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Wednesday, December 14, 2022

Homage to Dwaram Mangathayaru – Jewel of Thiruvallikkeni

Homage to Dwaram Mangathayaru – Jewel of Thiruvallikkeni

It is with great sorrow I read about the passing away of a doyen of Carnatic music – she was 92 and perhaps died peacefully.  Nothing much has been known about her in recent past as she remained seclusive and the age-old house fell to hammer !!  My respects to her and painful homage remembering her frail image and the slow words that once heard, sitting closer to her in April 2006 at her house in Bandala Venugopala Naidu Street, Triplicane, a street that is lesser than 200 M.

Dwaram in Telegu means ‘doorway’ !!  - it is not a simple peephole or gap as understood in Tamil – a cursory reading takes us to one man whose very mention initiates a sojourn in to the World of Instrumental Carnatic music.  Unlikely that many Triplicanites ever understand his association with Thiruvallikkeni. This is a photo of a statue at Visakhapatnam [credit Wiki commons thotfulspot]

He is no ordinary person .. .. Maharajah's Government College of Music and Dance (మహారాజా ప్రభుత్వ సంగీత నృత్య కళాశాల) is an educational institution in Vizianagaram, Andhra Pradesh. Vizianagaram around 850 km away from Chennai - was ruled by different Hindu emperors of Kalinga and it was an integral part of Kalinga.   The area was under the rule of Krishna Deva Raya of Vijayanagara Empire too. The Maharaja college is the first music college of South India.  Its first President was  Ajjada Adibhatla Narayana Dasu  & the second was the famous - Dwaram Venkataswamy Naidu whose statue is above.

Dwaram Naidu, popularly known as ‘fidelu’ Naidu was the first person to bring violin to the forefront of Carnatic music. He performed his first solo in Vellore in 1938.  Dwaram Venkataswamy Naidu was partially blind. He played at the National Physical Laboratory auditorium, New Delhi in 1952, to raise funds for the Blind Relief Association was related to the famous kuchipudi dancer Padma sri Dr Shoba Naidu.  The  famous playback singer Ghantasala learned Carnatic music under Naidu.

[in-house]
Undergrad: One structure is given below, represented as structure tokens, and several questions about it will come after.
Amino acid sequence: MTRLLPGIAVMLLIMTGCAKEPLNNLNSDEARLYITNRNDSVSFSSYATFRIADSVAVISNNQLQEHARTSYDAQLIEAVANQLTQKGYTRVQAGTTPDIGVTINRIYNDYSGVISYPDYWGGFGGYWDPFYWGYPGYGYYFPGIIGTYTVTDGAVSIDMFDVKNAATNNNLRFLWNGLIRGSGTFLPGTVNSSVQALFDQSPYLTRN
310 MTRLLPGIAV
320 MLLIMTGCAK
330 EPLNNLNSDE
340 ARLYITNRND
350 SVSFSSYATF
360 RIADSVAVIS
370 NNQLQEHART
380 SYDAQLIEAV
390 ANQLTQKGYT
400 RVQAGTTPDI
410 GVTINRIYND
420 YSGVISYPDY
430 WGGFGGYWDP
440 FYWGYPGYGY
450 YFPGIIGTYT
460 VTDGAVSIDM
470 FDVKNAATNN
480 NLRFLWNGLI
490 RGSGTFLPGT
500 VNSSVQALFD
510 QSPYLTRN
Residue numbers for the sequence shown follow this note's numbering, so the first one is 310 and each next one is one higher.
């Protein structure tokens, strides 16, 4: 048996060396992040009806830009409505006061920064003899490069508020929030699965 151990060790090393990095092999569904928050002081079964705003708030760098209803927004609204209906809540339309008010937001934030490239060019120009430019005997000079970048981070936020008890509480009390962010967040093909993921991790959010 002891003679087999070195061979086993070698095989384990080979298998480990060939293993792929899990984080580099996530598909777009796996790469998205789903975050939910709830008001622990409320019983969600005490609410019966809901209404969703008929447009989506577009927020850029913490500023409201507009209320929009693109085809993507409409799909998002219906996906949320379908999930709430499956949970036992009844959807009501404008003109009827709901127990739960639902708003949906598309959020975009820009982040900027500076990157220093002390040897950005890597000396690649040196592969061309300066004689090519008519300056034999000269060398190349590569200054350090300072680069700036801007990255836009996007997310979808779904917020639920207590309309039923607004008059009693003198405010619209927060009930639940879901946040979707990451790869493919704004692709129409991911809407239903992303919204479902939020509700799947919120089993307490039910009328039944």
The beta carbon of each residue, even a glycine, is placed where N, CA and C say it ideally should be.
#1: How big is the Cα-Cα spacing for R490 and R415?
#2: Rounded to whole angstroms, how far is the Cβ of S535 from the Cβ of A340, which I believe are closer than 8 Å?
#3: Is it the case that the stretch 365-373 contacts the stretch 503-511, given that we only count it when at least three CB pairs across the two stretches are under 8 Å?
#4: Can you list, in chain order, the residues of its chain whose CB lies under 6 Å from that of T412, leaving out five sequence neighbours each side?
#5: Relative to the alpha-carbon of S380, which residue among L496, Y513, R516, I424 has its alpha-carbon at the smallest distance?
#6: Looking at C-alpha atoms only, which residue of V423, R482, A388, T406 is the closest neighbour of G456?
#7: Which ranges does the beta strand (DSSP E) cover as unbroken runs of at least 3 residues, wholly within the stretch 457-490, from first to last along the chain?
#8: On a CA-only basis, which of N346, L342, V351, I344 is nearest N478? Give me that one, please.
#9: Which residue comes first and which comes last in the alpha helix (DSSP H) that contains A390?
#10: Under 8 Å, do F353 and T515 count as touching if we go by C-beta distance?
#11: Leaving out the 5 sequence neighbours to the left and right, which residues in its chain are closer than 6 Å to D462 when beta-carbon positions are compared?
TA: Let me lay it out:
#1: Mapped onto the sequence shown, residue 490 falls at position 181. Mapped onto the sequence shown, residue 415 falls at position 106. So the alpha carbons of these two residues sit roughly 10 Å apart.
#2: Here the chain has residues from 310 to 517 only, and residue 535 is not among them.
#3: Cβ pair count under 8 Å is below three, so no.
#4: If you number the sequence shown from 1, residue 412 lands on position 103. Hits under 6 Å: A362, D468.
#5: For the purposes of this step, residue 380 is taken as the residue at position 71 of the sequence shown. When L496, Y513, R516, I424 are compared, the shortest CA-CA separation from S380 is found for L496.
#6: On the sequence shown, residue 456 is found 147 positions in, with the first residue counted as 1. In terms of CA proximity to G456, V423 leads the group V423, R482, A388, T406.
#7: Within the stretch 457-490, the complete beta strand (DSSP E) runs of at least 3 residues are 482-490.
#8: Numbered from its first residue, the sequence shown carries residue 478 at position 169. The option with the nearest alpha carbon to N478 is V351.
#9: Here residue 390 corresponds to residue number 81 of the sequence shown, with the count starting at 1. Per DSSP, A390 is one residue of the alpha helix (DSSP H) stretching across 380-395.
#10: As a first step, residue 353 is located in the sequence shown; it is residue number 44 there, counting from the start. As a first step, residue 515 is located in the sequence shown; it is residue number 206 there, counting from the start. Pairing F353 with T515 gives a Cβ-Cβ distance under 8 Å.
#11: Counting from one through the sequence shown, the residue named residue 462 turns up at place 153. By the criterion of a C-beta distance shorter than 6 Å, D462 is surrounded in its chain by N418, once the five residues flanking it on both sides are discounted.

Thiruvallikkeni aka Triplicane is a famed land… It is a place where religion, nationalistic fervour, patriotism, sports, education and the individual dignity have interspersed for the benefit of the State and the larger interests of the Nation.  Triplicane was the seat of freedom struggle –  it is a place of rich history and heritage…. There existed  many famous people   .. .. ..

From the Icehouse which became Vivekananda House, as you travel in Dr Besant Road (named after Annie Besant) … there are smaller lanes and one such is BV Street [there are two BV – Bandi Venkatesa Naicken Street nearer Gangaikondan Mandapam and this Bandala Venugopala Naidu Street]  … in the Bandala Venugopala street, there is one ancient house, one may not attach any significance now – a house with a compound and a garden too.  It is ‘Dwaram house ’  ……..  Way back in March 2006, our Bliss (newsletter of SYMA) featured a post on its famed resident and Yours Truly interviewed that frail women, a reverred violinist.   

One need to travel back to 1800s, in 1893, was born Dwaram Venkataswamy Naidu, who went on to be an inspiration to many aspiring musicians.  Raised in  Vishakapatnam, he was appointed Professor of violin in the Maharaja's Music College in Vijayanagaram, at the young age of 26, and became its principal in 1936. In early 1950s, Dwaram bought a house in Bandala Venugopala Street in Triplicane, and moved to Madras. The awards and titles that Dwaram won were legion  yet this post is not about this man too…..

‘Dwaram Mangathaayaru’,  was born on 29th Aug 1937 at Vizianagaram in a family which boasts generations of Carnatic musicians. She was the daughter of renowned violinist Dwaram Venkataswami Naidu, who at that time was  the principal of the music college of Vizianagaram.  This unassuming great personality was embellished with many titles & awards– Nadha kanal, Nadha Jyothi, Sangeetha Kala Jyothi, Thirupugazh Mamani, Nadha kala nidhi, Violin Vara gana sudha vani, Sangeetha nadha mani, TTK Award, Gangadevi Eminent Citizen award, Hyderabad to name a few and the conferment of Kalaimamani award on 25/2/06 was really another feather.

In her early age, She studied vocal music under the guidance of Janardhanachari, a renowned veena player. Even in her schooling curriculum she studied music as a special subject. At a very young age of 14 she made a remarkable debut performance on stage as an accompanist of Chembai Vaidhyanatha bagavathar at Vizianagaram. She contined her studies in Waltair obtaining a diploma of violin playing as main subject. During early 1950s their family shifted to Chennai and she had intensive lessons from her father – Great Violin Maestro Dwaram Venkataswamy Naidu. At her tender age, she accompanied her father on concert platform before elite audiences that include – Presidents : Babu Rajendra Prasad, Radhakrishnan, Sanjiva Reddy; Premiers – Jawaharlal Nehru, Indira Gandhi, Rajiv and many other noted personalities.